63. avatar JEFF E says:

    Mack,
    Was it you a while back that found that Wyoming statute for wildlife management stating that G&F will have the latitude to declare wolves as predators even in the trophy game areas within the state?

  64. avatar skyrim says:

    Here’s a telling quote from BW:
    “We’re not going to sit back and let hunting be replaced by predators, which is what we see happening now. I have maintained for a long time that Wyoming has the right to manage wolves in a different way than other states, because we have the lion’s share of Yellowstone National Park, and the park is called, in studies by the government, a ‘wolf nursery,’ ” Wharff says. “This is not a species (wolves) that ever really needed protection. I believe that wolf reintroduction had nothing to do with re-establishing the wolf to its native range. It was about eliminating public-lands grazing and hunting.”

    In my mind it may be about eliminating grazing on public lands, but it’s never been about eliminating hunting. I suppose they need the element of fear and that statement garners more of it. The Jimmie Swaggert of hunting ministries. “Keep those checks coming brethren and blessings from above are on the way”

  65. avatar BW says:

    Macks Quote:”No, Bob, I won’t be using physical violence against you or anybody else, except in self defense. For the record, Bob Wharff was the first to mention physical violence against anyone’s human person.”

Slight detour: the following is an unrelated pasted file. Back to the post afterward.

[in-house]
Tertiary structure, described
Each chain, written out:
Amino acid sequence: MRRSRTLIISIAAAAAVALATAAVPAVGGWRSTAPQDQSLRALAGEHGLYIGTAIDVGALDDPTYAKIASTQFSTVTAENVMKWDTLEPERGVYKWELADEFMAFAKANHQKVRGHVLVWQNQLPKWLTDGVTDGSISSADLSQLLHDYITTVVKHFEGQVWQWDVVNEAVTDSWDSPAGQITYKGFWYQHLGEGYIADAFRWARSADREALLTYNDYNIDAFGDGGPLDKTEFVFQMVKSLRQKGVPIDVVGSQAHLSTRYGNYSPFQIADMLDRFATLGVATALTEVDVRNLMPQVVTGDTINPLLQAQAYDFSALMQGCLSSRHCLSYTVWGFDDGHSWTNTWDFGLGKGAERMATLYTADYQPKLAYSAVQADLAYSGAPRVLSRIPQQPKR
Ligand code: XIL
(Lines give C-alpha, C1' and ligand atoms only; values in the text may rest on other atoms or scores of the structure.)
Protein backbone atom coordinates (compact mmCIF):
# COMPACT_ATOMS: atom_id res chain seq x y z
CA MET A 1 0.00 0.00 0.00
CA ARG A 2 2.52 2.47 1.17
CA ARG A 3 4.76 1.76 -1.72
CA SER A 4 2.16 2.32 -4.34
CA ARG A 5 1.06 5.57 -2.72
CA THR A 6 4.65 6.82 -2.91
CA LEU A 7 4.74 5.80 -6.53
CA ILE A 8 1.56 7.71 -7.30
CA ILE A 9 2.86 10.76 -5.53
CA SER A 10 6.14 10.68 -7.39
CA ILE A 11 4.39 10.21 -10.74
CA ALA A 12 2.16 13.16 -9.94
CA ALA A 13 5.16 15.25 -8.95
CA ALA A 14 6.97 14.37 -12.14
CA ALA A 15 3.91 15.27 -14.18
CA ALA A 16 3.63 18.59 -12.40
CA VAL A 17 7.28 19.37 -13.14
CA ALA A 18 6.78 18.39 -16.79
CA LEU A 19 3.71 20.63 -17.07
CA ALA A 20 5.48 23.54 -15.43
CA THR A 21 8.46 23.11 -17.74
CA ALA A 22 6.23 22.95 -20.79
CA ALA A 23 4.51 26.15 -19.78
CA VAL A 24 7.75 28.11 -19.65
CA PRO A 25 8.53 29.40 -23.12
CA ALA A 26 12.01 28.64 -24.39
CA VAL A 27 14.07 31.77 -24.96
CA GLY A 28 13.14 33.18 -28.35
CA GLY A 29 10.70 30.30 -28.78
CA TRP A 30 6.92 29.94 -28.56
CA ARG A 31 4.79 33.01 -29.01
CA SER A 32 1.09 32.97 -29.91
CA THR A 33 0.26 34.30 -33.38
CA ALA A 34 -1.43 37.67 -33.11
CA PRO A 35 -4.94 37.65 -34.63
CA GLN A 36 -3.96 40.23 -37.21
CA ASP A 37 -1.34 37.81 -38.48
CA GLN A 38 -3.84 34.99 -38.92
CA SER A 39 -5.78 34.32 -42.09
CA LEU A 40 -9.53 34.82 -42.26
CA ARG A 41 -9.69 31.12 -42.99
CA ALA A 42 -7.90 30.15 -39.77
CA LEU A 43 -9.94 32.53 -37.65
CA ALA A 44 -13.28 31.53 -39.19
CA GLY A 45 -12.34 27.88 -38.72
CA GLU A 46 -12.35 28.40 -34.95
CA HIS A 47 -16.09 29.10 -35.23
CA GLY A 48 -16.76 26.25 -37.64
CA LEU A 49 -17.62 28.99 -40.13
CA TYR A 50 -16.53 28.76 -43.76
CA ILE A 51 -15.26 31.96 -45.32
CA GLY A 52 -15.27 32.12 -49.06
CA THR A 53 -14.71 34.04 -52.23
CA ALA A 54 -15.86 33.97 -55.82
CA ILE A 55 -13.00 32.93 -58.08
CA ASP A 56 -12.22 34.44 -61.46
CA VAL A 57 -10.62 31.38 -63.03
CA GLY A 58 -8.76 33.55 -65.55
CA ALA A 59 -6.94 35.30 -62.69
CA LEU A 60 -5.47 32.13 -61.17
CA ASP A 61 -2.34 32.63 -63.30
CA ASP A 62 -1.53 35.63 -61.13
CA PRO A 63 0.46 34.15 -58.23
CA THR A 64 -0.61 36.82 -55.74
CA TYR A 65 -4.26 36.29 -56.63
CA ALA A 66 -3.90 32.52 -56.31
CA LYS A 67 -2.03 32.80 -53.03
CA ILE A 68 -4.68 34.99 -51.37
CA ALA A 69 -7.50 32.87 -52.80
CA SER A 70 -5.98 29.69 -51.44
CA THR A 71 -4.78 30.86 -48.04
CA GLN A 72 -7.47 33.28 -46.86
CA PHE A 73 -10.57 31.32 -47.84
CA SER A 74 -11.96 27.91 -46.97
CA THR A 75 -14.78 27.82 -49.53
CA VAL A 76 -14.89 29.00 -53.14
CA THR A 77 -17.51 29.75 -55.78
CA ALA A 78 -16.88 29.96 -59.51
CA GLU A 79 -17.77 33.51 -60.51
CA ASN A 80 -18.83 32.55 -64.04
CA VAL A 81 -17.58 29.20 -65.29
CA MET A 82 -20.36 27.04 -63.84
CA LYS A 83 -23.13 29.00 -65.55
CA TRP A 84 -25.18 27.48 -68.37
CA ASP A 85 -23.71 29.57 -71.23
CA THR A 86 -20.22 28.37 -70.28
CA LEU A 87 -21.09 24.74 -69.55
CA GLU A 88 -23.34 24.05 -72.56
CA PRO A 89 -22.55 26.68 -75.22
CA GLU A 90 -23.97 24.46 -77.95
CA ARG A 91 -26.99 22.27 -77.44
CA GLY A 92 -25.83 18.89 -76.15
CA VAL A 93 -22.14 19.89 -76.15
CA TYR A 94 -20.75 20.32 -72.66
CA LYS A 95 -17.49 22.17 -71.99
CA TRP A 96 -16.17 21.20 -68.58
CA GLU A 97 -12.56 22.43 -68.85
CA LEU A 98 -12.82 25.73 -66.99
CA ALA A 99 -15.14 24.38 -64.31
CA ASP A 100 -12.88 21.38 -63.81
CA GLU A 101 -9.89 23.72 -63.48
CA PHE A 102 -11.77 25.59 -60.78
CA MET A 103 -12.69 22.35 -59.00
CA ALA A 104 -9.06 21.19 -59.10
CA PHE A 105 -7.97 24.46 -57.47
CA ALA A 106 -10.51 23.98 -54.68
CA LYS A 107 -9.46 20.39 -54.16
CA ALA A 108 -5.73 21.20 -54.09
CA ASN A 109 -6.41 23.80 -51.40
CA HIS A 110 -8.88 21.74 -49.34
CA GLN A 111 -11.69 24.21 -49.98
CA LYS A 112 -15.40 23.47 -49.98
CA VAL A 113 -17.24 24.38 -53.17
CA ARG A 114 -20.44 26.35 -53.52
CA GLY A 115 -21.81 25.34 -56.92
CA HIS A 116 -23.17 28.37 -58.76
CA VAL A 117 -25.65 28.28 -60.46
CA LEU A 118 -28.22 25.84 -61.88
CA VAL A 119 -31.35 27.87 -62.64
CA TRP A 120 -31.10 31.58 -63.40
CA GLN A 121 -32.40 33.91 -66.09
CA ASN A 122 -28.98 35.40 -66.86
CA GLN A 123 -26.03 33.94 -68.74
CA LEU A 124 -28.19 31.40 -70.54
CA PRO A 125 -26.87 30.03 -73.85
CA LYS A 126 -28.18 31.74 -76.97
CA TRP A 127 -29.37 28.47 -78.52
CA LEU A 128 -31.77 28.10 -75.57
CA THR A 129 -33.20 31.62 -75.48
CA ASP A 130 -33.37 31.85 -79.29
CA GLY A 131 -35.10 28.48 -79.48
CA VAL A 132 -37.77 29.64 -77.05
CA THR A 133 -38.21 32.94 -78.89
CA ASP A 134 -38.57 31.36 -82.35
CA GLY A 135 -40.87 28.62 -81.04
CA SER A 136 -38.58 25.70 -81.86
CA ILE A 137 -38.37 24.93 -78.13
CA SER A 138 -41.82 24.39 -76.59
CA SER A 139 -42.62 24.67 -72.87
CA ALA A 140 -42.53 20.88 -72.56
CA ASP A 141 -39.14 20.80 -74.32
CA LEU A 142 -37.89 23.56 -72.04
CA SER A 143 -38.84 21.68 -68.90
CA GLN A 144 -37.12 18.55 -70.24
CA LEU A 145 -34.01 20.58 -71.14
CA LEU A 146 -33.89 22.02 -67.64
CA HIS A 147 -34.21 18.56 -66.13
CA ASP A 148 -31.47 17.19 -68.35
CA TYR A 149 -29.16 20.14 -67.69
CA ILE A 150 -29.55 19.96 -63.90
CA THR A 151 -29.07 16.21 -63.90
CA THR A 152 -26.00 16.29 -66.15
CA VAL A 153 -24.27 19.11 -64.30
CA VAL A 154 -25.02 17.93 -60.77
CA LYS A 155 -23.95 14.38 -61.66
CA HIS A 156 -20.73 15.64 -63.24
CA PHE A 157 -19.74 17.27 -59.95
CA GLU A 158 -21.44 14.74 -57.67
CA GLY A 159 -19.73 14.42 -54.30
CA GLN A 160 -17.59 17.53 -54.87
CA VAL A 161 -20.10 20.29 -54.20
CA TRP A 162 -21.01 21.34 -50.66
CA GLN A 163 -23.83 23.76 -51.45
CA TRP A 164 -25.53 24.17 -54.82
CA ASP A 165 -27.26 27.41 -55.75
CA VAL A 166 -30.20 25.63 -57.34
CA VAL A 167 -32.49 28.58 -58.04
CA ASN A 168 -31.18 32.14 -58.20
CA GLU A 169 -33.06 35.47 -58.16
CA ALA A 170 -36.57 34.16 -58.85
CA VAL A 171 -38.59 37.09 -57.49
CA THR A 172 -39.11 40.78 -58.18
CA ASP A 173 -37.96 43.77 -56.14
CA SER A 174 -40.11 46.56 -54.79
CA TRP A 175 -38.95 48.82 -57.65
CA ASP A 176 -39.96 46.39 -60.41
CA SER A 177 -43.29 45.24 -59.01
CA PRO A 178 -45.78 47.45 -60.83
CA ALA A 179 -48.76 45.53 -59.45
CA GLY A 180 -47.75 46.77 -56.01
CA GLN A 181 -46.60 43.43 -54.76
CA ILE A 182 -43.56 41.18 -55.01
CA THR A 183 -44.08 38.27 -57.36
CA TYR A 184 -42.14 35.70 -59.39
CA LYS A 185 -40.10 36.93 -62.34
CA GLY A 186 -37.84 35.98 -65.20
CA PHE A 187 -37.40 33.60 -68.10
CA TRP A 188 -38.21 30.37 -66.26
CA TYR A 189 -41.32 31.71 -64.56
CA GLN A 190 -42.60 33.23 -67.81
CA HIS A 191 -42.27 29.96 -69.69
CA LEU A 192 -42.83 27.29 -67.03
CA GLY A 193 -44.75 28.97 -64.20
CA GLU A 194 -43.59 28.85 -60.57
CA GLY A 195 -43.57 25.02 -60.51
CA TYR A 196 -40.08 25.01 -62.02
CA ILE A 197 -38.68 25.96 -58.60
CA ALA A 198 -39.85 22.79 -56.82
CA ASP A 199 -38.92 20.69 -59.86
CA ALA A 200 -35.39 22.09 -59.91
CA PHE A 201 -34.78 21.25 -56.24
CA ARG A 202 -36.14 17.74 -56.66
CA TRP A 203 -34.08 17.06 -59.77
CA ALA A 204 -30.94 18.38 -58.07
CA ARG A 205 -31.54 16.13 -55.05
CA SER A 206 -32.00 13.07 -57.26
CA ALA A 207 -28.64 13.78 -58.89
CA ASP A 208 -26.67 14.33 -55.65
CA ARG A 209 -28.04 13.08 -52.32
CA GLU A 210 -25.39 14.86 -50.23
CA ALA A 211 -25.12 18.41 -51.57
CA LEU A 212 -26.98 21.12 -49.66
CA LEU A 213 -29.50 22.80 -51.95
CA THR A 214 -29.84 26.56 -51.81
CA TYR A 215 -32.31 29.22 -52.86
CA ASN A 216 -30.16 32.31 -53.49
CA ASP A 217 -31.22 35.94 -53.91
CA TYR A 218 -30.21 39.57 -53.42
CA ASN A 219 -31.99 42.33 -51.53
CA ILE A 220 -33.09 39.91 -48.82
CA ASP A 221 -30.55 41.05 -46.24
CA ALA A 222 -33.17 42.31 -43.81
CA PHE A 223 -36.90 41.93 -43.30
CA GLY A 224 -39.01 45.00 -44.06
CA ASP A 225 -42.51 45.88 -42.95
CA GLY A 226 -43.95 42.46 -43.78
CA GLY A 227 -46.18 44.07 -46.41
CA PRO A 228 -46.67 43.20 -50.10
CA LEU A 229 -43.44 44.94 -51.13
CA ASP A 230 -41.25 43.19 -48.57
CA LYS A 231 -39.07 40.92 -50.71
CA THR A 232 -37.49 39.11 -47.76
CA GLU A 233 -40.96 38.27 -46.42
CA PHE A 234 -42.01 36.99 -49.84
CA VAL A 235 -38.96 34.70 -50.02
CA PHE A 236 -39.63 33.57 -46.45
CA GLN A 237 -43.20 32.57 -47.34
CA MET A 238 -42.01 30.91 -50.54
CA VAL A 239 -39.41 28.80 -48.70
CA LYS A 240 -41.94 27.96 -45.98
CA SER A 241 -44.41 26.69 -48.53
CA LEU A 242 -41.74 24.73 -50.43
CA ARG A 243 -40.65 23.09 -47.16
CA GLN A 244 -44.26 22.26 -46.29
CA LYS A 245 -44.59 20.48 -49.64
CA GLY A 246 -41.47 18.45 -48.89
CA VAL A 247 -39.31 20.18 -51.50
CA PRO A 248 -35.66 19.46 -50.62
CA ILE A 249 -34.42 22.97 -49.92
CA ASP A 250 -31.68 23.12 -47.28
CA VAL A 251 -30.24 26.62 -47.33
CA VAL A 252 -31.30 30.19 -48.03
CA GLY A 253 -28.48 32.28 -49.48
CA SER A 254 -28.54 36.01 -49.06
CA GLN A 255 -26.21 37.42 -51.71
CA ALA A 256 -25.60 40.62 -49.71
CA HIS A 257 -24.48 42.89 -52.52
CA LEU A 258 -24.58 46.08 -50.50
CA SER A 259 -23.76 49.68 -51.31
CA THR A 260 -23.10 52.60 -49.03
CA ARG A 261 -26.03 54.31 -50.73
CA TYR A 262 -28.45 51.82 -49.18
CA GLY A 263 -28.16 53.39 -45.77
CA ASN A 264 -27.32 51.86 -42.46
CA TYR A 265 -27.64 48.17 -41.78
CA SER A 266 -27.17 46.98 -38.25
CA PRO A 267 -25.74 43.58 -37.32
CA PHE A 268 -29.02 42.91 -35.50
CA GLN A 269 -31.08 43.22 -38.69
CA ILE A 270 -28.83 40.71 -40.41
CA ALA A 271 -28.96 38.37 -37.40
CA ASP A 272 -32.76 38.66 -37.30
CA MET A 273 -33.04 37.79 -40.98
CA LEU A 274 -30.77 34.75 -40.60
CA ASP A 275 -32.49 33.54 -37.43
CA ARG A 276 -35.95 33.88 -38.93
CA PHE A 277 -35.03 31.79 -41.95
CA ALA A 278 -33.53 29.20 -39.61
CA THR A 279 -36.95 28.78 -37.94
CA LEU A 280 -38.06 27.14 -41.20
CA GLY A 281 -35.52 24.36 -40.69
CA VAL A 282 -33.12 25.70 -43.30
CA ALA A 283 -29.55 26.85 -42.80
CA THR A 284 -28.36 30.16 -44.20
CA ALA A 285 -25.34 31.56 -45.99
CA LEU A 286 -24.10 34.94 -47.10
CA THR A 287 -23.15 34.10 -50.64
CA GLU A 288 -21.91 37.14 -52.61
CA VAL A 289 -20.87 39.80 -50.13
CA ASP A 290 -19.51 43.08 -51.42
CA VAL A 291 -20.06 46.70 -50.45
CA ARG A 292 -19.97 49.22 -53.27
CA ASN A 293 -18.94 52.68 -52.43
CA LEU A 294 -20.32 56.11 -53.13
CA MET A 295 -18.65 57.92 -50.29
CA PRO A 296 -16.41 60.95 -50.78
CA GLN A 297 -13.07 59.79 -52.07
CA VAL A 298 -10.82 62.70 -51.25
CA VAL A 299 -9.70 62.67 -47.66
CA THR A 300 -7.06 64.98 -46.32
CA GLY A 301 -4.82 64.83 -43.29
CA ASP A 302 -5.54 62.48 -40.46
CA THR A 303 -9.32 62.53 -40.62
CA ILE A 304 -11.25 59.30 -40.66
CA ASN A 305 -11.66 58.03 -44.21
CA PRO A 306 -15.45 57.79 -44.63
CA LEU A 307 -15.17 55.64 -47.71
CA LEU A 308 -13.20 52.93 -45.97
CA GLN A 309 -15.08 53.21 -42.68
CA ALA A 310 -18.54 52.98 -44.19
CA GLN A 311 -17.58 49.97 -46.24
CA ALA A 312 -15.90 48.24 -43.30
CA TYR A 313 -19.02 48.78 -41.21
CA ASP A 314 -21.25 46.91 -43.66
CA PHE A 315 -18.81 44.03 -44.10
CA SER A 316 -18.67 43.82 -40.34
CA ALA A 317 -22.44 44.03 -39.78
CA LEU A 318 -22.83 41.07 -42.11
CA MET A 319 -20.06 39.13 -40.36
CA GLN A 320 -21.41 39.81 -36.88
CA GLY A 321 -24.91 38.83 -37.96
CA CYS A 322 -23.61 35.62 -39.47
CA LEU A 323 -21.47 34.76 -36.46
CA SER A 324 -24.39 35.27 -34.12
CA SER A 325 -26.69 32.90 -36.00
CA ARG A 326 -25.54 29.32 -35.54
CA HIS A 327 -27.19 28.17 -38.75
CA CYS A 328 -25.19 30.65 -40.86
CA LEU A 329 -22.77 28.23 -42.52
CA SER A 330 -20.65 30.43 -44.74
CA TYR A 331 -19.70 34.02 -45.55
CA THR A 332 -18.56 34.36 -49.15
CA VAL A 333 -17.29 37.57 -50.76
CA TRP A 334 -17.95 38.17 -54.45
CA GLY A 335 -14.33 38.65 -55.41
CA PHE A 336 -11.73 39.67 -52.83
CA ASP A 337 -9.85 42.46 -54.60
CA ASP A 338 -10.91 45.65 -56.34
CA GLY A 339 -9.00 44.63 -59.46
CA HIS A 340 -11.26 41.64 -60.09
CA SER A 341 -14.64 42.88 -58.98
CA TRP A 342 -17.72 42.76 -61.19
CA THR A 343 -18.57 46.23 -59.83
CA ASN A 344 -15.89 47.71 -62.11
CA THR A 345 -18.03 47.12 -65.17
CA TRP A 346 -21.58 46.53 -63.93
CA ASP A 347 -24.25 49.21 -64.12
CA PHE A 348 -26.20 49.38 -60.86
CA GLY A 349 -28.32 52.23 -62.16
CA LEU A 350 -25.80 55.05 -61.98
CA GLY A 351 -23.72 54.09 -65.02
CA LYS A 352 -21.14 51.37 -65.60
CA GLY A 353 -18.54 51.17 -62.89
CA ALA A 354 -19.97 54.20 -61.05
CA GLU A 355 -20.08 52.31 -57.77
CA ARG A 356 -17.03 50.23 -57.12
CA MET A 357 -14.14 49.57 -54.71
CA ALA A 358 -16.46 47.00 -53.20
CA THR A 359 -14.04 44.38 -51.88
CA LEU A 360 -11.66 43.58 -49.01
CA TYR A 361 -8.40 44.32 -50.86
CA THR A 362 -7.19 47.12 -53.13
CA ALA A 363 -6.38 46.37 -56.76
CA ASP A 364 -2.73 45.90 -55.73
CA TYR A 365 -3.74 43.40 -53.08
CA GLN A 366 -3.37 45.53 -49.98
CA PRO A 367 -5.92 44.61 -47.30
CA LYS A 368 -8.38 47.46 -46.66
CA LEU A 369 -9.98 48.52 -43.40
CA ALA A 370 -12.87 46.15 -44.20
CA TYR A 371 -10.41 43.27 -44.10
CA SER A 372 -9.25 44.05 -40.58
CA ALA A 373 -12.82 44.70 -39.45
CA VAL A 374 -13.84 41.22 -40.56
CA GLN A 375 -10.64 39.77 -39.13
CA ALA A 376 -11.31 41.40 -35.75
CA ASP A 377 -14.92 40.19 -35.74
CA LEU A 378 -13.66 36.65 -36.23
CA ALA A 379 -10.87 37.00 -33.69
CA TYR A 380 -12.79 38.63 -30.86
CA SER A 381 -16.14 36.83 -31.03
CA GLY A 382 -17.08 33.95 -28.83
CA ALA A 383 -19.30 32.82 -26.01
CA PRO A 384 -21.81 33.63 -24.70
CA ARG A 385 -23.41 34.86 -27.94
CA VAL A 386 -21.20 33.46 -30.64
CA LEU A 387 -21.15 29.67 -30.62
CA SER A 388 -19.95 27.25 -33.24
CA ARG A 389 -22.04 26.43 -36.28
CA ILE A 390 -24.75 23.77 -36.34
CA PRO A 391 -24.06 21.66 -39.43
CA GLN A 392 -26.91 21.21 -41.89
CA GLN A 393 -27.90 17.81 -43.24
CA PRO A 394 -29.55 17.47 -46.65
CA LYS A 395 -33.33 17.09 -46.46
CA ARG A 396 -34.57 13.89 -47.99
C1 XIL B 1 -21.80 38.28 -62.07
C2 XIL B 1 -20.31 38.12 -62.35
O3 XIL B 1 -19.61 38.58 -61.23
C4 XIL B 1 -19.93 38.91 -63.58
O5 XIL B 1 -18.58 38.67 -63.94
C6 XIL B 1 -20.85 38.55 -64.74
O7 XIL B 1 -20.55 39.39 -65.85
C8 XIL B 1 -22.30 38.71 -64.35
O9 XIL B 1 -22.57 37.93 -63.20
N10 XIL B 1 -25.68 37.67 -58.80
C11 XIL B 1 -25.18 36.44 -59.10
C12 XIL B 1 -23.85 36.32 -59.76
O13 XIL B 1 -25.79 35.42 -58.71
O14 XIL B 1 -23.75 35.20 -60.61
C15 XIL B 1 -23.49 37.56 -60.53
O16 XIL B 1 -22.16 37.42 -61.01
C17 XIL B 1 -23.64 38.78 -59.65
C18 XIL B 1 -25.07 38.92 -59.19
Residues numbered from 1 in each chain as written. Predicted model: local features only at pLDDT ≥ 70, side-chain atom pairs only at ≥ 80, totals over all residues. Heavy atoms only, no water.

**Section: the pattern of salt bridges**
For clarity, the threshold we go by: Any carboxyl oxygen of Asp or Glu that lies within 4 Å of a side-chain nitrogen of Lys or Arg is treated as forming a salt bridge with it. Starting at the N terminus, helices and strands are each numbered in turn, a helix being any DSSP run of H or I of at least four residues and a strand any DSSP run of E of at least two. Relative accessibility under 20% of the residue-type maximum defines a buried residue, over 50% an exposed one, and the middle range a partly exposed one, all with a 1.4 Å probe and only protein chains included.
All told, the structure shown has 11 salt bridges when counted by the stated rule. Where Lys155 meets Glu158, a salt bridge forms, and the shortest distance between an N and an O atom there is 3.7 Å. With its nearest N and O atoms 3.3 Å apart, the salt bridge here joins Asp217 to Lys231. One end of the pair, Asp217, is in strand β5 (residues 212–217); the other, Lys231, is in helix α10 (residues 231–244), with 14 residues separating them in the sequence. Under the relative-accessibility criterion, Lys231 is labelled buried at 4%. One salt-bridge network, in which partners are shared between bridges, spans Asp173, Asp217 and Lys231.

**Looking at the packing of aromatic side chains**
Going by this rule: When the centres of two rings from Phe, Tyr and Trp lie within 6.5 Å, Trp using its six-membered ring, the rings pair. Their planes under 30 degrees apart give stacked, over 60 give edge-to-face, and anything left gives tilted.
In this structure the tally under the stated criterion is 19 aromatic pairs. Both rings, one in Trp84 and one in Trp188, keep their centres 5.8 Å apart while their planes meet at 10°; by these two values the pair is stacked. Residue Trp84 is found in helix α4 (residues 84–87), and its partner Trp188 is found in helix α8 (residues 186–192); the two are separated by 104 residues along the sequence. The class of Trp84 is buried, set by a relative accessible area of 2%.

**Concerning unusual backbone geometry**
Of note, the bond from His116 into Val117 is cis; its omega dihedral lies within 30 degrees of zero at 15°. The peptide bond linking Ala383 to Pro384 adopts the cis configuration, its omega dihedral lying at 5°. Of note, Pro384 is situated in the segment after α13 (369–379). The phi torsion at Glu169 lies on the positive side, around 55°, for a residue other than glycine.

Mack P. Bray Says:
    November 30, 2007 at 9:11 am
    Bob Wharff, (BW), Executive Director of Sportsmen for (some) Fish and (some) Wildlife of Wyoming, you are a two-faced, deceptive man. I wouldn’t trust you as far as I could throw you.

    I guess throwing an individual isn’t a violent act, eh Mack?

    Yep, Hey day tomorrow in Jackson. Funny how no one acknowledges that elk natural congregate as they are a herding animal.

    Sorry, I have got to run as I need to get up to Jackson.

    Kisses and Hugs to all………………
    – – – —

    Don’t go, Bob! Lay off the hay. You can say “no.” We have a 12-step program for guys like you. Ralph

  66. avatar Robert Hoskins says:

    Here is my letter to the editor of the Jackson Hole News & Guide about SFW’s upcoming Hay Day at the National Elk Refuge in Jackson Hole:

    Editor

    I see that the Sportsmen for Fish and Wildlife are going to burden the citizens of Jackson Hole with another dreary and dusty Hay Day, delivering hay to the National Elk Refuge in a vain and foolish attempt to prove their absurd claim that a bale of hay is worth an acre of habitat.

    So much for a scientific understanding of elk and wildlife management.

    Rather than proving that a bale of hay is worth an acre of habitat, SFW is merely demonstrating its rationally inexplicable determination to bolster the chances for an epidemic of chronic wasting disease on the Refuge.